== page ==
OTTAWA, ON, March 15, 2021 /CNW/ – It is critical that provinces and territories prioritize cancer patients and their caregivers during the second phase of COVID-19 vaccine distribution.
The National Advisory Committee on Immunization states that “the goal of Canada‘s pandemic response is to minimize serious illness and death while minimizing societal disruption because of the COVID-19 pandemic.” 225,800 Canadians are diagnosed with cancer every year, but this commonly shared statistic does not represent the many more Canadians who were diagnosed in previous years and are still undergoing treatment today.
Unfortunately, the pandemic response has inadvertently negatively impacted the lives of cancer patients and survivors. This applies to all cancer patients, and particularly to those with lung cancer, who are uniquely vulnerable to complications if they contract COVID-19 due to their diminished lung function and immunocompromised systems.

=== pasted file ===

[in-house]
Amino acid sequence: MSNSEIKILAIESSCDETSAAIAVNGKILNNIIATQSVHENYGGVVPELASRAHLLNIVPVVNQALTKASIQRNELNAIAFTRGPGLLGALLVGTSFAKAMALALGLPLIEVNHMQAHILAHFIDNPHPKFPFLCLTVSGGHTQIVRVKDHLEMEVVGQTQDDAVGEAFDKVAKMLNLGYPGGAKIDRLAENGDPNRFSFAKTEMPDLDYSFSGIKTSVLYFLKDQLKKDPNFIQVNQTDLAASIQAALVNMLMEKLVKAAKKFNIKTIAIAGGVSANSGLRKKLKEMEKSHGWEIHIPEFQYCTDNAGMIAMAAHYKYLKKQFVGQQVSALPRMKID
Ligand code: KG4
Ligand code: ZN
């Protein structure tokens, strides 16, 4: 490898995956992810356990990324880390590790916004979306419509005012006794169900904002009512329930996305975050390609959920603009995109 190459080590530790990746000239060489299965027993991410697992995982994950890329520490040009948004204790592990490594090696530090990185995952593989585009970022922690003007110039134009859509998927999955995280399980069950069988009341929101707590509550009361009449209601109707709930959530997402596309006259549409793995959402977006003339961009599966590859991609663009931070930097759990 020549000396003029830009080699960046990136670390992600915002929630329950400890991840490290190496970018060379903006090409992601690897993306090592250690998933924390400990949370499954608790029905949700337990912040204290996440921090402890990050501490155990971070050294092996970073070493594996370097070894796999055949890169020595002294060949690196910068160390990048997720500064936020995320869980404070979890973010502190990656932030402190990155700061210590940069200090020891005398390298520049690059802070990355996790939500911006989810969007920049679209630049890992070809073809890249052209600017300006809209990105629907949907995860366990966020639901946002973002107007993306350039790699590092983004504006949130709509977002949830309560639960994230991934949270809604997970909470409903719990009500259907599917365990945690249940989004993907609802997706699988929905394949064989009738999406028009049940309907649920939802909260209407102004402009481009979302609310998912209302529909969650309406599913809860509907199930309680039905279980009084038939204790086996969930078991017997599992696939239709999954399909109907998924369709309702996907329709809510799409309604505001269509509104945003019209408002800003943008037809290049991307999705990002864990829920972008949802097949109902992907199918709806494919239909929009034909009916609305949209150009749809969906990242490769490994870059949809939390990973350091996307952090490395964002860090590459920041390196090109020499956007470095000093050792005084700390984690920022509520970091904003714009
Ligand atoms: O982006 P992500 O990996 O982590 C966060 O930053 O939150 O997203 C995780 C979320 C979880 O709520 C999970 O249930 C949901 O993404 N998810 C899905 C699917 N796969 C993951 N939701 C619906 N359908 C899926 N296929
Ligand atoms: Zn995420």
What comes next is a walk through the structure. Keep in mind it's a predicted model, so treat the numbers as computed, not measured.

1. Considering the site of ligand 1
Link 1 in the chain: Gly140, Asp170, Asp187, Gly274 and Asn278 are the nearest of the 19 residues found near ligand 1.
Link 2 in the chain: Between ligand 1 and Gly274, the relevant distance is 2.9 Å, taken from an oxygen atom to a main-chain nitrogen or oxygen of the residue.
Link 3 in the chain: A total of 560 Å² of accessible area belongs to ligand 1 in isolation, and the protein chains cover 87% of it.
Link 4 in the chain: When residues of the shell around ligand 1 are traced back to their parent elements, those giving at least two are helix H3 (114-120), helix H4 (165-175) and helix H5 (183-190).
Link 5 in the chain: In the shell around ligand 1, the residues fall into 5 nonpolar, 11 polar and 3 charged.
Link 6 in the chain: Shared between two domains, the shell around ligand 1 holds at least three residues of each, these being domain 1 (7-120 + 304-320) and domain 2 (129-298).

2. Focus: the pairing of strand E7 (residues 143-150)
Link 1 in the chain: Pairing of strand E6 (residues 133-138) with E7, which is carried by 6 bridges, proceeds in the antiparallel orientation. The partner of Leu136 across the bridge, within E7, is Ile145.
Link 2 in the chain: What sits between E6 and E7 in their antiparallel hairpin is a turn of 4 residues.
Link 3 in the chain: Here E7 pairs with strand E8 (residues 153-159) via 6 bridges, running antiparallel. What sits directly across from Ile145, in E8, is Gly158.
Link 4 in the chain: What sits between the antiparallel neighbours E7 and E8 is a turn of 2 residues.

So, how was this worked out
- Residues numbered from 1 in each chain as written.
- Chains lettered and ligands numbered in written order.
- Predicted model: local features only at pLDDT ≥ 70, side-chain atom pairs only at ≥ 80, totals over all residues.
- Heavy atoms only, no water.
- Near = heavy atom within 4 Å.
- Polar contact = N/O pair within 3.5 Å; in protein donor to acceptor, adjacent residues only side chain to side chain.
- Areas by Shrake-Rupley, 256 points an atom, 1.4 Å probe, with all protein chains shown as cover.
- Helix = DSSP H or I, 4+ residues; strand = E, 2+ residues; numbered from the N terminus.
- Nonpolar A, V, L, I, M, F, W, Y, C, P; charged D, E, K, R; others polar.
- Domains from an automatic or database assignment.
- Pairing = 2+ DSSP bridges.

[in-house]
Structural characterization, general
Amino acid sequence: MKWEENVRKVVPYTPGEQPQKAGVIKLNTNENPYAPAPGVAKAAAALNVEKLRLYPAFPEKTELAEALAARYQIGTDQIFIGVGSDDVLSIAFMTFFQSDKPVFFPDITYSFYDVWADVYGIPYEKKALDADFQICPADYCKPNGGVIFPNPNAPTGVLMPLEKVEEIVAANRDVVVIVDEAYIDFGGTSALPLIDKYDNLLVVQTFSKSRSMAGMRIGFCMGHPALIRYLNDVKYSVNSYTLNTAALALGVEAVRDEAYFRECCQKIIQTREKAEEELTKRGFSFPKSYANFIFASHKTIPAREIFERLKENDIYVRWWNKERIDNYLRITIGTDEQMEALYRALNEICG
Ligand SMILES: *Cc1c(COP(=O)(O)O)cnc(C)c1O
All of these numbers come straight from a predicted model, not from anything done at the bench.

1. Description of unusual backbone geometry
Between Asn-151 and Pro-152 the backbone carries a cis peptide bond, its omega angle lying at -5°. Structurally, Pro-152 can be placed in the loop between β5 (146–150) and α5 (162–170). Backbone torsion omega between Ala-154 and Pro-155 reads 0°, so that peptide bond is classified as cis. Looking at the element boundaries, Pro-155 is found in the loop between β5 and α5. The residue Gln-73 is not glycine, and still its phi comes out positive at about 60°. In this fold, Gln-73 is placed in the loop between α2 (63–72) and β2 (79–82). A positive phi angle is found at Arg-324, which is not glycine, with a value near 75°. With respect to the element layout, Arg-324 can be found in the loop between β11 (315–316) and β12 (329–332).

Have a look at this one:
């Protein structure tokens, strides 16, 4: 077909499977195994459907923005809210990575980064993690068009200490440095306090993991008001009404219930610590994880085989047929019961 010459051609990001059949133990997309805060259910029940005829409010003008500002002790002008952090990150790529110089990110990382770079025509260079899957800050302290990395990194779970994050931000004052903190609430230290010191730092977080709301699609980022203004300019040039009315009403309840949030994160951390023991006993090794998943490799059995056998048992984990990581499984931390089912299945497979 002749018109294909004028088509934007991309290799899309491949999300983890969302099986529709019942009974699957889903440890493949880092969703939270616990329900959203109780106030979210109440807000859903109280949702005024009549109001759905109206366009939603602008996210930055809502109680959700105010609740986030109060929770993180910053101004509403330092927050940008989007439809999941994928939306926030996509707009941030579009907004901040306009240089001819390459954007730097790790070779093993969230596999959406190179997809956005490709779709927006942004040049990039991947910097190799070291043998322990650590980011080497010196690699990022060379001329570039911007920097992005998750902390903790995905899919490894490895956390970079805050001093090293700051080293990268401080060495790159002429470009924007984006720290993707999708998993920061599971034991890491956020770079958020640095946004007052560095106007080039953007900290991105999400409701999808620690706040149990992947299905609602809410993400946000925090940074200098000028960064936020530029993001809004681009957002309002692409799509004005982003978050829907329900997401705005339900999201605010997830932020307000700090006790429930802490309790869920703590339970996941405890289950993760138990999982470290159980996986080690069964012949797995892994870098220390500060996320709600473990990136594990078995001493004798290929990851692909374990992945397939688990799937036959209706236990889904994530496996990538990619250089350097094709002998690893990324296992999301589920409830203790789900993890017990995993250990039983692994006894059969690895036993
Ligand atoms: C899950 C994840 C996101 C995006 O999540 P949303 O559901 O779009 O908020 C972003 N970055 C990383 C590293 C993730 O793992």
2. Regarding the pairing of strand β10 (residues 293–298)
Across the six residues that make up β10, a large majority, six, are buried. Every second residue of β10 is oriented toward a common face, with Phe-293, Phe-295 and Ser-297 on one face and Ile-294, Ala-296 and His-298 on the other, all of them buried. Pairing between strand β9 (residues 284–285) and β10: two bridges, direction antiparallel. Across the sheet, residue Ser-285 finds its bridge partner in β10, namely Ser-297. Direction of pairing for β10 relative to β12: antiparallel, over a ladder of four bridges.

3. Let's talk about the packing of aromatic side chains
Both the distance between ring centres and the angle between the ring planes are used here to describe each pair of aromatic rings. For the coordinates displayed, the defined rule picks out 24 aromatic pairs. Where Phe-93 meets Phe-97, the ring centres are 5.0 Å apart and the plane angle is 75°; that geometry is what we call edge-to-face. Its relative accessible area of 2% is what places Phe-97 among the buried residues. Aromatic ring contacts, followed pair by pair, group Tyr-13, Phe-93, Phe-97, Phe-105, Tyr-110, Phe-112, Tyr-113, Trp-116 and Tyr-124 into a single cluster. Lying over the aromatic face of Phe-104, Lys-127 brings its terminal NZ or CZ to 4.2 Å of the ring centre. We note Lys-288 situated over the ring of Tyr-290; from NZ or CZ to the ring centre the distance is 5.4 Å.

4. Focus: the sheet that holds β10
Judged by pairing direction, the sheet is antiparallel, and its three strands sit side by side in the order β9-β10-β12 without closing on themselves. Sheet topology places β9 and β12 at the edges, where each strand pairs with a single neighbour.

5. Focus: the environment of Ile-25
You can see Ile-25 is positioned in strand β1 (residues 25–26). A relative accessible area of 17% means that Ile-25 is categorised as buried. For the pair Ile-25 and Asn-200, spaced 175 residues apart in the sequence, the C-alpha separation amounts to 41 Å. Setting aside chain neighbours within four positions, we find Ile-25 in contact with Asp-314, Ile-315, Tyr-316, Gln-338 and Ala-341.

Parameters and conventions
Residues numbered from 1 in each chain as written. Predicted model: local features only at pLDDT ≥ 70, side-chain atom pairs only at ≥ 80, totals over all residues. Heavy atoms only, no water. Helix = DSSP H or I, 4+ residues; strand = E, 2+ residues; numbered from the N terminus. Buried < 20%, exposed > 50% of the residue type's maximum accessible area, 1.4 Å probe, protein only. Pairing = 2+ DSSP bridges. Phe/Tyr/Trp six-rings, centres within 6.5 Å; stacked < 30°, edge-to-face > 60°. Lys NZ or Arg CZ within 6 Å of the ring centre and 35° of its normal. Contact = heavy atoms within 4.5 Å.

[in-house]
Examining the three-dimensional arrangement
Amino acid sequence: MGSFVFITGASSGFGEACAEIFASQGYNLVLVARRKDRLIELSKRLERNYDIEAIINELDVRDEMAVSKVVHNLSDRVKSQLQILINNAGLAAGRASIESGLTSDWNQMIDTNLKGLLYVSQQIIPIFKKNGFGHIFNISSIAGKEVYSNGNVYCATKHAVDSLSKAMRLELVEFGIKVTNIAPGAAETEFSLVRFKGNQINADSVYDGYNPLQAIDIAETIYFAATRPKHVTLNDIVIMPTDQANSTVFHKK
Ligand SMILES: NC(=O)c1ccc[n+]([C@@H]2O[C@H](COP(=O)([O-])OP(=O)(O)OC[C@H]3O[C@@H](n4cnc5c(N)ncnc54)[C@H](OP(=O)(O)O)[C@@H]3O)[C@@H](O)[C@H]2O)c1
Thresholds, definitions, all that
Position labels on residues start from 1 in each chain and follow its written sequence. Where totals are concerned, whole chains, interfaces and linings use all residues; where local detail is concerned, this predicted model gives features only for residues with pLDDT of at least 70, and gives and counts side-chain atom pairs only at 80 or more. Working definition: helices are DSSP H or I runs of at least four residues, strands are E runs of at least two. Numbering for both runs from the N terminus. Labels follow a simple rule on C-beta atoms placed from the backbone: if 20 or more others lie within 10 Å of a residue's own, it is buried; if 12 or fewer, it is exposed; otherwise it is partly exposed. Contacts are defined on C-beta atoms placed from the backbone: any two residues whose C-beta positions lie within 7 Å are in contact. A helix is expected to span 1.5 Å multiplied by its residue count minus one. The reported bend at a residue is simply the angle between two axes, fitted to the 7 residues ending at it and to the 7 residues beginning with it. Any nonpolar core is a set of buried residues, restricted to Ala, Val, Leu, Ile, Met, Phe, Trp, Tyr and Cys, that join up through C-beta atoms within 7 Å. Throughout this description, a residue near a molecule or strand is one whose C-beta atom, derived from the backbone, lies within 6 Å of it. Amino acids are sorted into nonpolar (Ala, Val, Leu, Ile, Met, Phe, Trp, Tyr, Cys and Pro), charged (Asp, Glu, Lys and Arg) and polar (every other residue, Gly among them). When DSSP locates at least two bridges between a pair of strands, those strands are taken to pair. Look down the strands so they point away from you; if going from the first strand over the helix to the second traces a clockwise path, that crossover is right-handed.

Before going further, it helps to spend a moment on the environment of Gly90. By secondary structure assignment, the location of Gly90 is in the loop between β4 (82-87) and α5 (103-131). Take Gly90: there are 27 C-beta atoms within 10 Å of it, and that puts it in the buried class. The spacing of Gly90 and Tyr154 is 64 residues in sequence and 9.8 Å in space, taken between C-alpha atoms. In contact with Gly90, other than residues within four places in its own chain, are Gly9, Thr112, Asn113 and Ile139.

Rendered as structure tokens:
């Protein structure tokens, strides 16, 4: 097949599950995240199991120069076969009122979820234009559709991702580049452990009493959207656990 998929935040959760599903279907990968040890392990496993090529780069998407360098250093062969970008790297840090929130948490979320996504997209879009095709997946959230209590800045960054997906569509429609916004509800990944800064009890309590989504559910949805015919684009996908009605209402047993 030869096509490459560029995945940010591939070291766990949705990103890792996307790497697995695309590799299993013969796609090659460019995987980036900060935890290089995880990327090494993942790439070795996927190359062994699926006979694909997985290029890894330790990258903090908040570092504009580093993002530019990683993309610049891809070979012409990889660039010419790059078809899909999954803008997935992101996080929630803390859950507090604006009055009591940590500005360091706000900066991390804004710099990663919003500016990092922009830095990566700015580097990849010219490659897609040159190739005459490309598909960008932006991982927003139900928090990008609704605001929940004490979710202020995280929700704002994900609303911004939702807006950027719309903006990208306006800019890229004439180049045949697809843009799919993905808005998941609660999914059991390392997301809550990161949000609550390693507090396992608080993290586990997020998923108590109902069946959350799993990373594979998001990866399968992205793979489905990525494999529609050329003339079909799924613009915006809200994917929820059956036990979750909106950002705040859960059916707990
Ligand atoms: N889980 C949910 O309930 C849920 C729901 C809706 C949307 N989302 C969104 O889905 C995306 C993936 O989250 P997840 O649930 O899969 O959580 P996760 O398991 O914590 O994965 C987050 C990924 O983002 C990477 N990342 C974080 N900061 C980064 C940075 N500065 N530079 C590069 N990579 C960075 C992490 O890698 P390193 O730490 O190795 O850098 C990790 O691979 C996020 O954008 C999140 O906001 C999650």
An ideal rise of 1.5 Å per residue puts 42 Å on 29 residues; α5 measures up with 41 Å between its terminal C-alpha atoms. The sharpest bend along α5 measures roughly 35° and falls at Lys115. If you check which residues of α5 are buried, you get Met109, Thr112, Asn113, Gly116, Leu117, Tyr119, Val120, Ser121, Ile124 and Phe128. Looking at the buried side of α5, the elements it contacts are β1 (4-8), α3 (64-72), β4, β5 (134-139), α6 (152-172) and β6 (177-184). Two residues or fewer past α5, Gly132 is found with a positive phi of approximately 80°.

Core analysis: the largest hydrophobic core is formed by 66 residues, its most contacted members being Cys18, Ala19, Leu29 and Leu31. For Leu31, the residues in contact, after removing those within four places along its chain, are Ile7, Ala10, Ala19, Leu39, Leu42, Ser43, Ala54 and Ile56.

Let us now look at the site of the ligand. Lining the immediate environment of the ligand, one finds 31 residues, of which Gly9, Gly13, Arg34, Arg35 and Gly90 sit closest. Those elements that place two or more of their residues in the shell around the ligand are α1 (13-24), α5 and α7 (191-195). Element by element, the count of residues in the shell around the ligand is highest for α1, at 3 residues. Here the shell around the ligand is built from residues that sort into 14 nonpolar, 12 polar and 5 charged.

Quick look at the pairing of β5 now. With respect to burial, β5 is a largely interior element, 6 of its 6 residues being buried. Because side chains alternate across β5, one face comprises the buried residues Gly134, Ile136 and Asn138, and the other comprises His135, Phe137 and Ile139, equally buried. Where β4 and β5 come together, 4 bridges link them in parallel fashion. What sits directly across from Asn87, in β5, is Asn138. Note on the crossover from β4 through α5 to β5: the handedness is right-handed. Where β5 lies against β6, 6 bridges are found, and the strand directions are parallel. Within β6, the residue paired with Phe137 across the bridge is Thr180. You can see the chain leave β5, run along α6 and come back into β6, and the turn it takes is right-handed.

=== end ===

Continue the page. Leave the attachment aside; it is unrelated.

The Canadian Cancer Survivor Network commissioned two Leger surveys on COVID-19 disruption of cancer care in Canada, the most recent in December 2020. One of the most startling results identified cancer patient and caregiver hesitancy to access care, with 35 per cent of patients and caregivers choosing to cancel, postpone or avoid a healthcare service during the pandemic. This included:
- Canceling or postponing in-person appointments with their doctor.
- Avoiding booking an appointment with their doctor even when they need one.
- Avoiding going to the ER for symptoms related to cancer.
- Choosing to cancel or postpone a lab test or diagnostic procedure for cancer.
- Canceling visiting a hospital for cancer care.
Clearly, the ability of cancer patients to access healthcare and cancer care remains in doubt, and may lead to worse outcomes, including later diagnoses and postponed or missed appointments, tests, or treatments. The anxiety and fear that cancer patients and caregivers are experiencing about contracting COVID-19 can be assuaged by the prioritization of COVID-19 vaccinations of cancer patients and their caregivers so that they feel safe when they go to cancer care appointments.
The Canadian Cancer Survivor Network therefore calls on the National Advisory Committee on Immunization as well as the provinces and territories to explicitly include cancer patients and caregivers in Phase 2 immunization plans.